Three Things Jeff Gramm
Taught Us About Shareholder Activism recently had the pleasure of hosting acclaimed financial author and hedge fund manager Jeff Gramm. He was kind enough to make the trek to Columbia, Missouri, to share his thoughts on shareholder activism, which is the subject of his stellar book Dear Chairman, and discuss the future of business and investing. 

As Jeff demonstrates throughout his book, activism comes in all types and flavors. Some activists are public and abrasive, while others are private, confidential, and kind. The central tenet of activism is engagement with leadership, which is something we at do often and think about constantly. How best can we help our portfolio companies identify and pursue opportunities? 

We highly recommend checking out Dear Chairman for yourself, but in the meantime here are a few things we found relevant, helpful, or just interesting from talking with Jeff:

What is shareholder activism?

At the most basic level, being an activist shareholder means being engaged with the company, especially in terms of how it is governed. But shareholder activism is often more narrowly understood as shareholders calling for action that conflicts with decisions made by company managers. Activism can be hostile and direct, such as waging a proxy fight to replace members of the Board. It can also be amicable attempts to persuade management to see “the light.” Activism can even be indirect, such as providing funding for activists engaged in more direct action. 

While we’re usually the majority shareholder in our portfolio companies, our philosophy at is to engage company leadership teams as trusted equals. That’s our form of activism. Only in the rarest of circumstances do we dictate strategy, or force changes, and in those cases it’s often to avoid breaking the law. We believe that debate is a vital and healthy part of making good decisions.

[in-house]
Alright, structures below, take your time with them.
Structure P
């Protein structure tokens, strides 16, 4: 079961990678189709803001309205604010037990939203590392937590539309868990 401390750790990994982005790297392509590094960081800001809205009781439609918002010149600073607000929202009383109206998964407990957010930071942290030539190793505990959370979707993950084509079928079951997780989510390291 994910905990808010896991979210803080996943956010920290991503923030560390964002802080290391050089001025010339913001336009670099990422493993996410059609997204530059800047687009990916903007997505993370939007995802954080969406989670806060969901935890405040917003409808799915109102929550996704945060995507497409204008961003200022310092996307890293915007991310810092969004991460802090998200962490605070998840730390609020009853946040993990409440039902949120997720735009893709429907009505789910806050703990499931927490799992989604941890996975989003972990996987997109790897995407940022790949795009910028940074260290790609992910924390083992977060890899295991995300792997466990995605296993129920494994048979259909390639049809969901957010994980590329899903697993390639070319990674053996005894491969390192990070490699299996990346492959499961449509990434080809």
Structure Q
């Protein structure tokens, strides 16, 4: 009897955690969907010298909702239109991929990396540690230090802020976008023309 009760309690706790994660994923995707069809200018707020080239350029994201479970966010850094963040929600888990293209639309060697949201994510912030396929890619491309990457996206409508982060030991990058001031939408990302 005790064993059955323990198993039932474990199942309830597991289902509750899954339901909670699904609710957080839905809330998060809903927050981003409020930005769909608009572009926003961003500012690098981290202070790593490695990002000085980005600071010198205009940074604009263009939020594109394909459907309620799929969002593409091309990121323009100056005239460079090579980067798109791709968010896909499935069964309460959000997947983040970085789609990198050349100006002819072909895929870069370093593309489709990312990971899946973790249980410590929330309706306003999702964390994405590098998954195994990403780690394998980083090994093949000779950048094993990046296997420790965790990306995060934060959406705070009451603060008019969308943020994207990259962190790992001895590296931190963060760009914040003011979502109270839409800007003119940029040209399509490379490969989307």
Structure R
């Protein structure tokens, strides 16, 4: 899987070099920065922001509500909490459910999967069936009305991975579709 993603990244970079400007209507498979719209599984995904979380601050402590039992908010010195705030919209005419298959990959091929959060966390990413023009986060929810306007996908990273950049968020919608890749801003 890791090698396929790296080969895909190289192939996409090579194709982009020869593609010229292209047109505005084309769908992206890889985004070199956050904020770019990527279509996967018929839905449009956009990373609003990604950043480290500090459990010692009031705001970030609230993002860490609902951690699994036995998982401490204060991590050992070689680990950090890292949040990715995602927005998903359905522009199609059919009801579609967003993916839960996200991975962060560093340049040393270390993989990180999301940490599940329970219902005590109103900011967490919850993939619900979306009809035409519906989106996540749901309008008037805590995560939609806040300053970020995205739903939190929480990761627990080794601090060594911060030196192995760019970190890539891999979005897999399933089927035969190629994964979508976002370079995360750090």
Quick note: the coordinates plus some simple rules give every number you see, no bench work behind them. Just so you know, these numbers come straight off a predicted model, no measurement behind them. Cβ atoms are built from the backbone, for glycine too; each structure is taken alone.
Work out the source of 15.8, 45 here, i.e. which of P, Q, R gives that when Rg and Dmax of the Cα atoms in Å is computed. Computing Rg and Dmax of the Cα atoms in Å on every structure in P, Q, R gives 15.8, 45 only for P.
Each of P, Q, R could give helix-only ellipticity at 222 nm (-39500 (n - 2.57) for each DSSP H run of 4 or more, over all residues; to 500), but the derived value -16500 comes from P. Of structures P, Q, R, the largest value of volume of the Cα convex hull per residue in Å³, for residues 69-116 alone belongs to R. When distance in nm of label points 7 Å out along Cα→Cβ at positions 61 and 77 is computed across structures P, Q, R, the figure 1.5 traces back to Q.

Ben Graham shows everyone how it's done.

If you’re not familiar with Ben Graham, or his influence on shareholder activism, his story alone is worth the price of Dear Chairman. Known as the father of value investing, Graham was the first known financial investor to undertake a shareholder activism campaign. His saga was sparked by a footnote in a report that caused him to dig deeper and discover an organization was holding far more assets than needed for operations. In fact, the cash on hand was worth more than the market price of the stock. 

Information inefficiency and asymmetry have become rare, especially for public companies. Long gone are the days of limited disclosures, or being able to stumble upon a piece of material and public information that is not widely known. But in the private markets information is still proprietary and often difficult to come by. Much like Ben Graham was able to do in the opaque public markets of the 1920s and 30s, our job at is to unlock hidden value in the companies we acquire. Our due diligence process often organizes company information differently than is useful in day-to-day operations. Through this detailed process, we often uncover things that current ownership hasn't previously recognized. This type of detective work is a skill, and has proven profitable. 


How do activist shareholders elicit change?

Fundamentally, shareholder activism is all about persuasion. If you disagree with leadership decisions, how do you affect change? Start by trying to influence the CEO, but a change of heart is rare. Ultimately, the board of directors is in control and holds the authority. Influencing board members can be effective, but often requires changing the board makeup. Sometimes activist shareholders are added to the board voluntarily, but when it becomes adversarial, a proxy fight is the escalation for control.

Thankfully, small private companies operate in far simpler fashion, providing a major advantage. We don’t spend our time worrying about who holds what board seat or trying to build shareholder consensus. This allows for a more streamlined decision-making process and greater focus on strategy execution. 



You can find the full video discussion from Jeff Gramm’s March 9th visit on the Reynolds Journalism Institute Facebook page.